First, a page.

Abstract # 7863 Event # 155:

Scheduled for Sunday, August 27, 2017 09:45 AM-10:00 AM: (National Ballroom Salon A) Oral Presentation


GPS-IDENTIFIED LOW-LEVEL NOCTURNAL ACTIVITY OF VERVETS (CHLOROCEBUS PYGERYTHRUS) AND OLIVE BABOONS (PAPIO ANUBIS) IN KENYA

L. A. Isbell1,2, L. R. Bidner1,2, M. C. Crofoot1,2, A. Matsumoto-Oda2,3,4 and D. R. Farine1,2,5,6
1Department of Anthropology, University of California, Davis, CA 95616, USA, 2Mpala Research Centre, Kenya, 3Graduate School of Tourism Sciences, University of the Ryukyus, Japan , 4Graduate School of Environmental Studies, Nagoya University, Japan , 5Department of Collective Behaviour, Max Planck Institute for Ornithology, Konstanz, Germany, 6Department of Biology, University of Konstanz, Germany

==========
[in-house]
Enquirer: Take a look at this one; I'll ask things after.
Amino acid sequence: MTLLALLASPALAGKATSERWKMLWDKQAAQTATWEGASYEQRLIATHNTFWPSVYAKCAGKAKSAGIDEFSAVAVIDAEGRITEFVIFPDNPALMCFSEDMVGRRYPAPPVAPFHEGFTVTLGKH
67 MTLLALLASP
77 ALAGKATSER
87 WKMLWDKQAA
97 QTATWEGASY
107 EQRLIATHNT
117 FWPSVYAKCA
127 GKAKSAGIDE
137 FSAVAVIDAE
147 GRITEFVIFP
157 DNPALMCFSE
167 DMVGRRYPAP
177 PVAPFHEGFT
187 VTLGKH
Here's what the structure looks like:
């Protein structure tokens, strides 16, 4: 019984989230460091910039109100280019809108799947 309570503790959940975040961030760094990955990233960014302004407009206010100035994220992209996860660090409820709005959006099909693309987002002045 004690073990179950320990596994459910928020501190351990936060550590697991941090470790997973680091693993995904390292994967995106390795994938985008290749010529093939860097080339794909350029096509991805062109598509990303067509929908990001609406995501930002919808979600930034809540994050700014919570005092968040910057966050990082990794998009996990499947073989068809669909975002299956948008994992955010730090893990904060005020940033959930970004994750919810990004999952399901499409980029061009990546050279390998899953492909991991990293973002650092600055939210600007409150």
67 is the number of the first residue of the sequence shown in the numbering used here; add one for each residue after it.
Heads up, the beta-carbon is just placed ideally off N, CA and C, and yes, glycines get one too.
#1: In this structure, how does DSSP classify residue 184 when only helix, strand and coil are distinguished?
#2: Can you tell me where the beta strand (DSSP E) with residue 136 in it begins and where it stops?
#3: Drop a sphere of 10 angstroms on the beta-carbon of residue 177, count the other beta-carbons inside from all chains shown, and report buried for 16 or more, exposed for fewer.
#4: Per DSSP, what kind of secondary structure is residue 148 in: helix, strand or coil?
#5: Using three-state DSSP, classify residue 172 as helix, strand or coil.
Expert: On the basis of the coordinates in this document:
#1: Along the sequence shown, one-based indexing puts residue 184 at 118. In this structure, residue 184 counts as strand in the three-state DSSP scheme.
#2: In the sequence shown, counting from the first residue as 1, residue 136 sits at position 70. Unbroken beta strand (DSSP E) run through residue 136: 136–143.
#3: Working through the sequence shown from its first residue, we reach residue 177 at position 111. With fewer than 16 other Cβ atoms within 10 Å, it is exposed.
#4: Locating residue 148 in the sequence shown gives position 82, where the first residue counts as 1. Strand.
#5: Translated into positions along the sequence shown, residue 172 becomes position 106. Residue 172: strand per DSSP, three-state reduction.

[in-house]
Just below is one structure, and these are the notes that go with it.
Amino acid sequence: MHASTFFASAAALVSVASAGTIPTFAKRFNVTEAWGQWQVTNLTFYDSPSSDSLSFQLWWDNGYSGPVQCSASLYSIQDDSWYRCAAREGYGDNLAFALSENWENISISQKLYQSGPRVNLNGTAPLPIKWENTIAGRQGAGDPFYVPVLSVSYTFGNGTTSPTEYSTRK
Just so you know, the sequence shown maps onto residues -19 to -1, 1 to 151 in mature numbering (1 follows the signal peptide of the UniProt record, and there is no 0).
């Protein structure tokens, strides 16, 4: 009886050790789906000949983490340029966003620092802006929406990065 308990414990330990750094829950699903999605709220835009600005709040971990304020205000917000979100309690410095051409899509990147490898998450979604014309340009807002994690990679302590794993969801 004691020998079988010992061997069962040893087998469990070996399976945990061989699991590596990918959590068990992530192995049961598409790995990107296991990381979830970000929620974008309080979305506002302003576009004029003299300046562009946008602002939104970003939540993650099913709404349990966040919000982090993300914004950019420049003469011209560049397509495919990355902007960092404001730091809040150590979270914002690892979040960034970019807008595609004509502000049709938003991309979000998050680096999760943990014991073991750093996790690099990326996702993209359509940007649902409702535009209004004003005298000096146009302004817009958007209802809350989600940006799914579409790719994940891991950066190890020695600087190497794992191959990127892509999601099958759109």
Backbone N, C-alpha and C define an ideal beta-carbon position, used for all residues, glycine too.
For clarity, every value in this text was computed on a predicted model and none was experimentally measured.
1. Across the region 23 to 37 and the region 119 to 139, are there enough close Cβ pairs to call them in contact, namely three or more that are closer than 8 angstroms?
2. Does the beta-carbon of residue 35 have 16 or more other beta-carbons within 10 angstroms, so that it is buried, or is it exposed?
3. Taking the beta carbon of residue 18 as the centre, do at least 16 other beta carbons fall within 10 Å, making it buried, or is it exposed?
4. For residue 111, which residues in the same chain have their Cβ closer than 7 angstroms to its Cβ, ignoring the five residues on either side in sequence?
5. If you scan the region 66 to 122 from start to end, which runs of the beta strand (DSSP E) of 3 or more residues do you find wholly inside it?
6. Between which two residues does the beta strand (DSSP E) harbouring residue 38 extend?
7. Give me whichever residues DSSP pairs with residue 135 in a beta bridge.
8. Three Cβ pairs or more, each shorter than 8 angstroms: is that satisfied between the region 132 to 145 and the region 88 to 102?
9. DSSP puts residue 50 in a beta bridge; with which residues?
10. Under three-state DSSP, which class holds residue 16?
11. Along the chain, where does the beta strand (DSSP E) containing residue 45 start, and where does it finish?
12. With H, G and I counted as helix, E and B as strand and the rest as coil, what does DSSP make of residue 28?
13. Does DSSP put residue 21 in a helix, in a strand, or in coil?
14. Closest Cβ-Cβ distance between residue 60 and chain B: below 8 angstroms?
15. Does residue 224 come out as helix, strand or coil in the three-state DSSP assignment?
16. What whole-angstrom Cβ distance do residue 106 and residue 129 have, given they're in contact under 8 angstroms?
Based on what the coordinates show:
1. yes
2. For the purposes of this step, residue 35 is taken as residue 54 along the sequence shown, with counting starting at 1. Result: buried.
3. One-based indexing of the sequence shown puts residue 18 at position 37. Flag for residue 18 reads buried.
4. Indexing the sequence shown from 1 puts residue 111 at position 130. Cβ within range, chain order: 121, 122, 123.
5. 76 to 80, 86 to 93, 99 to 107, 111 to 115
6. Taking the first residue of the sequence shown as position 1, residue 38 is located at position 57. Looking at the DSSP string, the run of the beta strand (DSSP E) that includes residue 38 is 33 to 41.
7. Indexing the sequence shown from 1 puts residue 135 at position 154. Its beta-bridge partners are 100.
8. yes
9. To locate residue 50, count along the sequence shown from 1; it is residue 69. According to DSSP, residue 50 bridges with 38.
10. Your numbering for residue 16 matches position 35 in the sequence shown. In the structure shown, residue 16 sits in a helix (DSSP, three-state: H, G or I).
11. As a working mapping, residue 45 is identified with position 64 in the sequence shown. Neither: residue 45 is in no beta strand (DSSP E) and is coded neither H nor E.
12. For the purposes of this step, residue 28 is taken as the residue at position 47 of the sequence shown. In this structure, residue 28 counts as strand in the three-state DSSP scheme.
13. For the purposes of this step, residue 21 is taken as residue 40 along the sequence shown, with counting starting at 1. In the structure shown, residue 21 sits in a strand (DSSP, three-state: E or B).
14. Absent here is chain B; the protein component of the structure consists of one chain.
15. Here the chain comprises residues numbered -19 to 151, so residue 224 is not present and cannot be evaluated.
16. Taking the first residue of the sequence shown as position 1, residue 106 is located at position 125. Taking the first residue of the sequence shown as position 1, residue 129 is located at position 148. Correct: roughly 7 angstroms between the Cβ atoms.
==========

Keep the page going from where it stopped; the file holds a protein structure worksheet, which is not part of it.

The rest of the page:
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All anthropoid primates are considered strictly diurnal except for owl monkeys (Aotus). New technology has shown, however, that some anthropoids also engage in nocturnal activity. Here we examine the extent to which vervets (Chlorocebus pygerythrus) and olive baboons (Papio anubis) are active at night. We deployed GPS collars with tri-axial accelerometers on 12 vervets in five groups and six olive baboons in four groups. For seven months their locations were recorded every 15 min, and their activity levels, for 3 sec every min. We also employed remote cameras aimed at terrestrial movement at seven sleeping sites. Travel was detected on 0.4% of 2029 vervet-nights involving three vervets and 1.1% of 1109 baboon-nights involving five baboons. Since no monkeys were photographed on the ground at night, nighttime travel was likely arboreal. Baboons traveled on significantly more nights than vervets (χ2 = 4.33, p = 0.04). During the night, vervets were active 13% of the time, and baboons, 15%. Activity varied little throughout the night and was unaffected by moon phase. We suggest that their low nocturnal activity may be related to living near the equator with consistent 12-hr days, in contrast to anthropoids that are more nocturnally active. Since anthropoids are thought to have evolved in northern latitudes, with later dispersal to tropical latitudes, our results may have implications for understanding the evolution of anthropoid diurnality.